For most people, the stock market isn’t that important.
That’s according to Edward Stuart, emeritus professor of economics at Northeastern Illinois University, who suggested in a recent appearance on WTTW’s Chicago Tonight not to worry about the recent market plummet.
Tribune Pulitzer Prize-winning columnist Mary Schmich was so taken aback by the assertion that she followed up with Prof. Stuart in her column. As a good journalist, she didn’t want to take him out of context.
Stuart doubled down, responding:
For 10 percent, 20 at most, the stock market has some direct effect on their income and standard of living. They’re people who live in Lake Forest and Wilmette and Glencoe. They’re not people who live on the South Side and Humboldt Park and Albany Park, most of Chicago.
So, why all the consternation about the big drop?
It’s rich people worrying about their money. We pay a lot more attention to rich people than we do poor people.
He went on with how he’s more worried about the not-so-rich, like his students, who can’t find jobs. True enough, the job market isn’t so hot.
Pardon me, professor, I don’t have a PhD after my name, but I disagree. I’m not rich, nor am I poor. I’m one of the middle class old farts trying to live off my meager retirement package, social security and whatever cash I can round up by freelancing.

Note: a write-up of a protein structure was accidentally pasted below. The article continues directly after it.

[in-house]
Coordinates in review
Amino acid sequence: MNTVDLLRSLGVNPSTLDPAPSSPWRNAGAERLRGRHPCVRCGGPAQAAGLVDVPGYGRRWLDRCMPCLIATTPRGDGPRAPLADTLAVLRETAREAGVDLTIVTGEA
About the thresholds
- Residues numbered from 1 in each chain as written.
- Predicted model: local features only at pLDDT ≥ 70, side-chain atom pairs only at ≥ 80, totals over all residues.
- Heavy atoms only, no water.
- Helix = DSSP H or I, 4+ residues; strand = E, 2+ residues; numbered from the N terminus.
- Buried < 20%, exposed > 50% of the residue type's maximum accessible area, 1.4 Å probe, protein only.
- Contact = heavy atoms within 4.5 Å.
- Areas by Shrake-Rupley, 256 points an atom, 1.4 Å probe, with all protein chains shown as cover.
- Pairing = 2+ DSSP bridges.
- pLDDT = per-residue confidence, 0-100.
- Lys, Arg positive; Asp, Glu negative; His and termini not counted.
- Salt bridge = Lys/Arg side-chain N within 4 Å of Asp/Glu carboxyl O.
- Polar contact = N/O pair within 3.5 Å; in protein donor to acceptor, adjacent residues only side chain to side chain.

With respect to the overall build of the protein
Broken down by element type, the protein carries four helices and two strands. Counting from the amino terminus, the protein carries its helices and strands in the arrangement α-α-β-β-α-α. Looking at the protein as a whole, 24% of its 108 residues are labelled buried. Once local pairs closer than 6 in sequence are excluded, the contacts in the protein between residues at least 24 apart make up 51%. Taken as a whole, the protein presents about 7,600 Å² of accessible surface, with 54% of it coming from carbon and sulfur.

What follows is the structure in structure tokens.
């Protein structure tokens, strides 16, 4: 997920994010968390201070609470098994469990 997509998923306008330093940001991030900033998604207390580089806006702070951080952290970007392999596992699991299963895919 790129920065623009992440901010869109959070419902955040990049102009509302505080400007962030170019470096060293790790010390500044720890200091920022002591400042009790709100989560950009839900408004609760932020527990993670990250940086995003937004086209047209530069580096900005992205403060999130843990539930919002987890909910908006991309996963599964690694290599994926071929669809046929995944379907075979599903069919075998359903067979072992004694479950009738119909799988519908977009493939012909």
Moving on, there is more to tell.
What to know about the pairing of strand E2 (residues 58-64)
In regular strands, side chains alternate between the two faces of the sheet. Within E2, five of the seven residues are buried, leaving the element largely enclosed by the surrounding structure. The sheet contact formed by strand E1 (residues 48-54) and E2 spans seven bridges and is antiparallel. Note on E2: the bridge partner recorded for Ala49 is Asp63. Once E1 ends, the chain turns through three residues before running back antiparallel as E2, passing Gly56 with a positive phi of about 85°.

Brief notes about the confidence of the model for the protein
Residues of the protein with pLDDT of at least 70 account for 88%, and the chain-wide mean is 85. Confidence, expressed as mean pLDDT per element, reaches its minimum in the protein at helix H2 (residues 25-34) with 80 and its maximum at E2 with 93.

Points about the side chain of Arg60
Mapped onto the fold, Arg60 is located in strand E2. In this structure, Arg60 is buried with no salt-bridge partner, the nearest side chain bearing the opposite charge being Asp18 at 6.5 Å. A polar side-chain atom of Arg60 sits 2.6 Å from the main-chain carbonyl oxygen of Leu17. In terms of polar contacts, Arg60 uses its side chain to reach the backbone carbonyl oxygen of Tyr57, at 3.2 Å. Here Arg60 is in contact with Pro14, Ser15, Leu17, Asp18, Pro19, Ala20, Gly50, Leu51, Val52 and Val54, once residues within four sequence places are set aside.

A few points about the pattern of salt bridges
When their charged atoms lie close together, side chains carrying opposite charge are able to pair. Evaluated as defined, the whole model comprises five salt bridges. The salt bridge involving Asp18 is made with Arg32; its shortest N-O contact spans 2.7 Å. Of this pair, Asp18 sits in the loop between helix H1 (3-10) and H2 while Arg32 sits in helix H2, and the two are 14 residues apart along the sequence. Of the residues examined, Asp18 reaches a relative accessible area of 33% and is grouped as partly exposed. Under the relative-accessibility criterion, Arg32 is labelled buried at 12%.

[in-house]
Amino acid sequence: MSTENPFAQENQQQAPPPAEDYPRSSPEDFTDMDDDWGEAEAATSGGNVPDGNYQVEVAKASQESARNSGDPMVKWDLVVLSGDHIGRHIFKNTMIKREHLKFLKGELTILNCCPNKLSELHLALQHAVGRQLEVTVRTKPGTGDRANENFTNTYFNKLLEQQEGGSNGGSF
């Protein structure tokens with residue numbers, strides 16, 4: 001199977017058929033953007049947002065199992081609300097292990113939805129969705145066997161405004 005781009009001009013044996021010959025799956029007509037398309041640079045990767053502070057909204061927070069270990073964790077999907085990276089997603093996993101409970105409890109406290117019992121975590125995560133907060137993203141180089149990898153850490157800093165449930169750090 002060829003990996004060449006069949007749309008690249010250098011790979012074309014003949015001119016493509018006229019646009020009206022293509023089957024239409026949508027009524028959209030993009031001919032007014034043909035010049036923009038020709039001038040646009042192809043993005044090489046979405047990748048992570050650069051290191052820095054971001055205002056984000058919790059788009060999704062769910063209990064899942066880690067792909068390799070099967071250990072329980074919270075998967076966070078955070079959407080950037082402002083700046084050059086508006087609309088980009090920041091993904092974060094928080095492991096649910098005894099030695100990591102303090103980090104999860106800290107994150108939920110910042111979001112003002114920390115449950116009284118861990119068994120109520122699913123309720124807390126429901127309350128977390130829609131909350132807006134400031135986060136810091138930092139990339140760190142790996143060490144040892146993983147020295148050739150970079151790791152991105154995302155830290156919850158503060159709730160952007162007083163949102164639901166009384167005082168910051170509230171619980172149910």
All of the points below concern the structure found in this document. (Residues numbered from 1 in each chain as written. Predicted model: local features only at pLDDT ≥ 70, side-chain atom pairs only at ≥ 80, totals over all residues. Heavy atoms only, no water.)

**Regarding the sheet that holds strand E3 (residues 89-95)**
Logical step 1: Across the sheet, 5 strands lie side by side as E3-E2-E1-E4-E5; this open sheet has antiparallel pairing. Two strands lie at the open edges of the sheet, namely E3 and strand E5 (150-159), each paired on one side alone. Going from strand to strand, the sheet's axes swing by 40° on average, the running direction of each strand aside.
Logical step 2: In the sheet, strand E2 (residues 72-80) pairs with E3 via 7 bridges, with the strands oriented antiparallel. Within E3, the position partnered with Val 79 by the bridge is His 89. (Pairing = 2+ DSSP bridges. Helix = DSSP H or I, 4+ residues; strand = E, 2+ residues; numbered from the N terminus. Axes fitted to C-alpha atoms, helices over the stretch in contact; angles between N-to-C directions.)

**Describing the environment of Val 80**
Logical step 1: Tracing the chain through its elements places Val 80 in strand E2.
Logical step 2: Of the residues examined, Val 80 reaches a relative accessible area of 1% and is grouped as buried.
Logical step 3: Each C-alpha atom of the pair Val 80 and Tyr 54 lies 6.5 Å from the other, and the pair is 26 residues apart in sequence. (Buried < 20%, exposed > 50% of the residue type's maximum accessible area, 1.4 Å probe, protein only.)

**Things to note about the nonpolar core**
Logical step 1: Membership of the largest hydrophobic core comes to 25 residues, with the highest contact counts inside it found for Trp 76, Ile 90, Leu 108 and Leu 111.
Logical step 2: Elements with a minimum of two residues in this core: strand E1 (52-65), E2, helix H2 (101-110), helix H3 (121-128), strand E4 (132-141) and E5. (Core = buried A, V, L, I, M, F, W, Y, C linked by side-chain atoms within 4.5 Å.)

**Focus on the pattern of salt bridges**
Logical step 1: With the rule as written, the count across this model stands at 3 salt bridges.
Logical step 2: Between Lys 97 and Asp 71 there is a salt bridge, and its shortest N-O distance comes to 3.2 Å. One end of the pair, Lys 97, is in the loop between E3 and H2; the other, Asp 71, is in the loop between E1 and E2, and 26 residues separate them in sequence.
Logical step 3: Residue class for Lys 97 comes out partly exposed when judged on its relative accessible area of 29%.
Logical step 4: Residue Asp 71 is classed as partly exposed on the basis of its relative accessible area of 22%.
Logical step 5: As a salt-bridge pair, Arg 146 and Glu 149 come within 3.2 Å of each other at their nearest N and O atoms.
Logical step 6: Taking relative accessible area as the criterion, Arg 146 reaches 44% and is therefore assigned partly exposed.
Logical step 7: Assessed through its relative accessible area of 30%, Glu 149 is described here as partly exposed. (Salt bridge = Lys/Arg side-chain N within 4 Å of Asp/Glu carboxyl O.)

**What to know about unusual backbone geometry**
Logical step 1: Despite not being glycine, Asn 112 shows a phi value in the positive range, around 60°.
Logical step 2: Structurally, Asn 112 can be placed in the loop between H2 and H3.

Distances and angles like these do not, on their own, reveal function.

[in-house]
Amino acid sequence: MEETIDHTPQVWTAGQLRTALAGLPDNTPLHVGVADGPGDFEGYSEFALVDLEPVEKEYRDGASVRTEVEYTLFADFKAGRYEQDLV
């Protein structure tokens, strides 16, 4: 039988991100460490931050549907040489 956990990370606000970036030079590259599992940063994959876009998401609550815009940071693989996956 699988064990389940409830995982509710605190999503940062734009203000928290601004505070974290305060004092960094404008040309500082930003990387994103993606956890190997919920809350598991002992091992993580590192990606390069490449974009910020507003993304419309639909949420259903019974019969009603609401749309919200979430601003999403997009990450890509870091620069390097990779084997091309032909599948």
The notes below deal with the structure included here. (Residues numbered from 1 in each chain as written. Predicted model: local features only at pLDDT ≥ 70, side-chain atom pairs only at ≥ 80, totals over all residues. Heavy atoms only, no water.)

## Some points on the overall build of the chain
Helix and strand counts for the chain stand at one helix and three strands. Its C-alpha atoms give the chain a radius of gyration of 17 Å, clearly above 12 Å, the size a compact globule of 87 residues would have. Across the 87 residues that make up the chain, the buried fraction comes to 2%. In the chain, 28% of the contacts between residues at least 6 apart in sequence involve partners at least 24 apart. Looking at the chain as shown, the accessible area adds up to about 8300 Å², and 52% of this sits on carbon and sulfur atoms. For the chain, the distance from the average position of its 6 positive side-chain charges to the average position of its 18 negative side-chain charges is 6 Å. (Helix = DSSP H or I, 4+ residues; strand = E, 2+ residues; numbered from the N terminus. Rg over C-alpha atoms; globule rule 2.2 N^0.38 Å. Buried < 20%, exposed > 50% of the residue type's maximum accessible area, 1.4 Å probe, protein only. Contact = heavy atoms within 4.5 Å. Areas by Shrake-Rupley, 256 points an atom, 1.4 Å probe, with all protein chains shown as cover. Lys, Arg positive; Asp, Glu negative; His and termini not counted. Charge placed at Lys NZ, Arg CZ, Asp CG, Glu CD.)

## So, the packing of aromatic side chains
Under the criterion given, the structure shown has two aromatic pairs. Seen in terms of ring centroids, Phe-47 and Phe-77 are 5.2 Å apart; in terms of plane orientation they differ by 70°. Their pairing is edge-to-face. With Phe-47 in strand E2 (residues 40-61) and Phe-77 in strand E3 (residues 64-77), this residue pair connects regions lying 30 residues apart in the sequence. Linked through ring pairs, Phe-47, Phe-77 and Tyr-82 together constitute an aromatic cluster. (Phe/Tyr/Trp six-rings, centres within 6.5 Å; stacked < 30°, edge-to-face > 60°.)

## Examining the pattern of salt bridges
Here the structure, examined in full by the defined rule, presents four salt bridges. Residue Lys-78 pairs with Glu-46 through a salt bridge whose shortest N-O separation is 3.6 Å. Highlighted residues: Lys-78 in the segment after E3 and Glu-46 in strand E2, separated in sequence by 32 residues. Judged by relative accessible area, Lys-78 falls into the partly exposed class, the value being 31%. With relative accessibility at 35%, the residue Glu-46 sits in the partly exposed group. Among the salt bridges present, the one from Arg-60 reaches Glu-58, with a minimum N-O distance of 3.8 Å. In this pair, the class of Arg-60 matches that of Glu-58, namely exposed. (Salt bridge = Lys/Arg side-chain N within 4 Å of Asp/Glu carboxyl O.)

So, the financial markets are damn important to me, and to the increasing millions of people like me. With more people banking their retirement income on the performance of IRAs and 401Ks, the stock market means one hell of a lot. But you’re a public employee in Illinois, where public employee pensions ensure comfortable, to say the least, retirements.
It’s not just the stock market. It’s all the allied markets–bonds, treasuries, mutual funds, money market funds and the others that move in relation to one another and when they drop precipitously, so do the fortunes of millions of American retirees or those who are about to retire.
Even those who plan to live off their company or their generous government retirement plans have reason to think that market performance is important. Where are those guaranteed pension funds invested, other than in those exact same markets? I’ll leave it to you, professor, to look up how Illinois public employee pension fund values are affected by the ups and downs of the market.
You should know, as a economist and an old guy yourself, that as the population ages and more and more workers are being shifted out of defined benefit plans and into defined contribution plans that the importance of the market investments will be increasing dramatically.
Professor, you’re absolutely correct when you said that we should worry more about the economy than about the stock market itself. Income equity, economic opportunity and employment–as well as profits and consumer spending–are all important. But let’s not diminish the important of the markets because “only” rich people benefit (or suffer) from their actions.
CNN has the latest on market movements here.
For information on my award-winning historical novel, Madness: The War of 1812, go to www.madness.1812.com.
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